Our History & Mission
50 Main Street
As its first project, the Woman’s Club of Hastings, founded in 1912, chose to establish a library in the village. On September 25, 1913, the Regents of the University of the State of New York granted a Certificate of Registration to the Hastings-on-Hudson Free Library. Given a space on the second floor of then Village Hall (now the Hook & Ladder Company on Main Street, and originally Hastings’ schoolhouse), the Woman’s Club donated $1500 for repairs and remodeling, received 999 used books from the community, and hired a trained librarian for $60 a month.
Children and Chief Librarian
By the 1920s, the Village had assumed some financial responsibility for the Library, which was then governed by a board elected from among members of the Friends of the Library. For their inaugural “chief librarian,” the board hired Bertha Stetson, who went on to serve for 31 years. During her tenure, Stetson oversaw dramatic growth of the collection, including its 1929 move to the second floor of the new Municipal Building in Fulton Park. The Library occupied what is today’s courtroom, on the second floor.
In 1963, a League of Women Voters survey found the Library to be very well used — so much so that it was also distressingly overcrowded. Mayor Sheldon Wagner turned to philanthropist Helen Benedict, daughter of John E. Andrus, for help. Three weeks after he showed her architect William Switzer’s proposed plans, Mrs. Benedict agreed to donate up to $500,000 toward constructing, furnishing, and landscaping a new library building. The Village provided land in Fulton Park next to the Municipal Building, which stands where prominent businessman and former village president (mayor) James J. Treanor once lived at “Elmcroft.”
Construction on the Library began in early 1965, and on November 12, 1966, our present home on Maple Avenue, with its distinctive picture windows framing iconic views of the Hudson River and the Palisades, was dedicated. At the opening reception, a portrait of Helen Andrus Benedict was unveiled. That painting, by Hastings artist Herbert Bohnert, now hangs in the Library’s northwest Study Room, and a plaque acknowledging the Andrus family’s Surdna Foundation is on the wall opposite the Circulation Desk. On October 25, 1968, the state Board of Regents granted the Hastings-on-Hudson Public Library an absolute charter.
Between Heaven and Earth
The 11-foot bronze outside the Library was donated to the Village in 1967 by renowned sculptor Jacques Lipchitz, who lived in Hastings for 26 years until his death in 1973. The Lipchitz Foundation gifted his Aqueduct Lane studio to the Village in 2021. The statue is representative of the artwork, and Hastings artists, associated with the Library, including award-winning author and illustrator Ed Young, cartoonist Isabella Bannerman, graphic artist Lindsay duPont, and photographer John Maggiotto. Local scenes painted by Larry D’Amico in the 1970s and a contemporary mural by Patrick McNeil tell their own stories on our walls.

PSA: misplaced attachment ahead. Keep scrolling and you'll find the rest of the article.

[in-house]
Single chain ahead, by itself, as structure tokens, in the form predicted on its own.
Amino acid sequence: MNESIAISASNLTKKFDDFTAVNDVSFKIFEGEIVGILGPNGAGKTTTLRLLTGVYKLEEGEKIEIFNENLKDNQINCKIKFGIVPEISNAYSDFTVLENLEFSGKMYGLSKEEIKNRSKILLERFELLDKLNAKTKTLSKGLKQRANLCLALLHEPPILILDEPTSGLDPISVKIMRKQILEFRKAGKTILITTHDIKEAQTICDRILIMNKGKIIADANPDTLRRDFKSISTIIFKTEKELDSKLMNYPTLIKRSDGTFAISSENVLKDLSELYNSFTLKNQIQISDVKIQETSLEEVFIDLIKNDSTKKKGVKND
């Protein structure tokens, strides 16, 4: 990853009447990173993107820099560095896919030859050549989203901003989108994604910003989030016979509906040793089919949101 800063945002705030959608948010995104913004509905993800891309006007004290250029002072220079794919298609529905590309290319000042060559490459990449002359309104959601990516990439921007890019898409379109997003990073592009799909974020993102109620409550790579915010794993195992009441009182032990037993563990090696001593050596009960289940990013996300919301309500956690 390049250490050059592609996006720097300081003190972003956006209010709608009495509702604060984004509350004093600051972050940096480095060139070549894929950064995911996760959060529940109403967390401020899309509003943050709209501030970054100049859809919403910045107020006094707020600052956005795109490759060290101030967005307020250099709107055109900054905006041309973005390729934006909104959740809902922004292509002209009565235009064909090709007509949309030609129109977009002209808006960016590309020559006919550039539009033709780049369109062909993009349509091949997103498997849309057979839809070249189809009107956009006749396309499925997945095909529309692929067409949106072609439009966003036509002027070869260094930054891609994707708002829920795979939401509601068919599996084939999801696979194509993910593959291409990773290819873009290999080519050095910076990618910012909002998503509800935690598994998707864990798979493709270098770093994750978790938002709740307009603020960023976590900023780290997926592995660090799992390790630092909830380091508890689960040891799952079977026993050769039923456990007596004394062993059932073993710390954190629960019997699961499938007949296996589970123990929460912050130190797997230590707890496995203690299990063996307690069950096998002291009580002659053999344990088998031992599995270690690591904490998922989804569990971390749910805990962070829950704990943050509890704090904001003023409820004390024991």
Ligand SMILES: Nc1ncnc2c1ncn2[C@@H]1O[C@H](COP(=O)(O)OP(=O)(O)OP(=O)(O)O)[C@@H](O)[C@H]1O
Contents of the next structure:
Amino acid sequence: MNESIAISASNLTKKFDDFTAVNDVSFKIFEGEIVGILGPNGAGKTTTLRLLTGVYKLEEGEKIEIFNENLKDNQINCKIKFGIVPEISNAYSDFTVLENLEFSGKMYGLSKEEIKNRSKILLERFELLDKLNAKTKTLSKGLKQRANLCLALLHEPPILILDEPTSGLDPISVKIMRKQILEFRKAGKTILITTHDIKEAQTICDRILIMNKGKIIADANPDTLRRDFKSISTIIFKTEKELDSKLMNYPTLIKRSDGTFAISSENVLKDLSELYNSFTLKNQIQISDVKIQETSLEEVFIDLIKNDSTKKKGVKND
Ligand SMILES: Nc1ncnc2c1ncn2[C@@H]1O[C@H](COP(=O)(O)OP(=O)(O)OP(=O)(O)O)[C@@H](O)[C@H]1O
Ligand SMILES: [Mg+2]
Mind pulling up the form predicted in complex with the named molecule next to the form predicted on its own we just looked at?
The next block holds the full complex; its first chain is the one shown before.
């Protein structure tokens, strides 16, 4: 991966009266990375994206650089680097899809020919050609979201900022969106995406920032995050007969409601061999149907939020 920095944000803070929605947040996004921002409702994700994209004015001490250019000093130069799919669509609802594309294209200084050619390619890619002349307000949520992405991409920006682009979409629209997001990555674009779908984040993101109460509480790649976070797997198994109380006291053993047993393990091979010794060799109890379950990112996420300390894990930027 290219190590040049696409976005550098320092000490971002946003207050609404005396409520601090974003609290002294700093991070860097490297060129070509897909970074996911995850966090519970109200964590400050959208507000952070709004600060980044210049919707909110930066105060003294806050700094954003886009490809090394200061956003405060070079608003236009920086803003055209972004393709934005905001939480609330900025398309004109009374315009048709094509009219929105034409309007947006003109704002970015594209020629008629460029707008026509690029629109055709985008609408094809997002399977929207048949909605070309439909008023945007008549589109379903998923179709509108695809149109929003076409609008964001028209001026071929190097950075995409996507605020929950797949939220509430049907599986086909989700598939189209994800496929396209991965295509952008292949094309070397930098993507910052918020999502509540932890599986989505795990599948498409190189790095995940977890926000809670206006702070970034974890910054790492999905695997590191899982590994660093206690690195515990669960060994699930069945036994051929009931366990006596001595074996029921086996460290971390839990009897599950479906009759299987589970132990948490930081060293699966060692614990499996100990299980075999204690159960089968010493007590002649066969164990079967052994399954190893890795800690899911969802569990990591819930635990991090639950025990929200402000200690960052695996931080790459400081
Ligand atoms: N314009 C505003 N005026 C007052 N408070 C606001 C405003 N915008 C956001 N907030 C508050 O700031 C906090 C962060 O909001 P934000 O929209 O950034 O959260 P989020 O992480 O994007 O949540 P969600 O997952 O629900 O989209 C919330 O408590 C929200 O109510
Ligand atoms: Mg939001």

The original Library building
As the century drew to a close, it was clear that the Library had become a victim of its own success. A structure designed to house 40,000 volumes now had to make room for 60,000 items, including audiovisual materials, and what little space remained could barely accommodate the Library’s gamut of programs for children and adults. So, in 1999, the Library Board of Trustees, in partnership with the Village, raised monies through a bond and with help from the Friends, to renovate, refurbish, and expand the building and the adjacent park.
An inspiring view
The project, which included a new children’s room, broke ground on October 28, 2001, just weeks after 9/11. Architect Jim Lothrop told the gathered crowd that looking south to where the Twin Towers had stood in clear view from the Library’s hilltop, the children of Hastings would glimpse “the greatest city of our civilized world,” an “image of freedom and opportunity.” He concluded, “These inspiring views will be from a building that hopes to foster a lifelong love of books and knowledge that will build their dreams.” With Ground Zero still smoldering, his words were a benediction.
In 2013, the Library celebrated its centennial with all due fanfare, including — yes — a marvelously raucous marching band and dance squad, and, a bit more temperately, the first of what would become the annual Dewey Lecture Series. This program, organized by the Friends, draws upon the village’s resident scholars, artists, scientists, and other experts in their fields — historically, the people who give Hastings its character and cachet. Such standing-room-only events led to the decision in April 2014 to add 600 square feet to the multipurpose Orr Room and construct a westward-facing open-air deck atop the extension.
A new outlook
This latest project to maximize the Library’s potential would be carried out with state grants, money from the Library’s endowment, the largesse of the Rosenberg Family, and a signature fundraising campaign — spearheaded by the Friends — under the banner “Above & Beyond,” referencing the dimensions and vision of this ambitious undertaking. The words “Expanding Our Points of View” soon completed the slogan and, as a description of the Library’s enduring contribution to the community, may well stand the test of time.
Photos: 1913-1967, courtesy of the Hastings Historical Society. Manhattan skyline photo by Karen Somary.
The Library prides itself on a core culture of civility, inclusion, and shared resources,
including our extraordinary site overlooking the Hudson River and Palisades.
The Library supports lifelong learning, from the discoveries that begin
in the Picture Book Room to adult programs that explore the ever-wider world.
Here, digital media and high technology co-exist with rooms for quiet and the credo that reading is essential.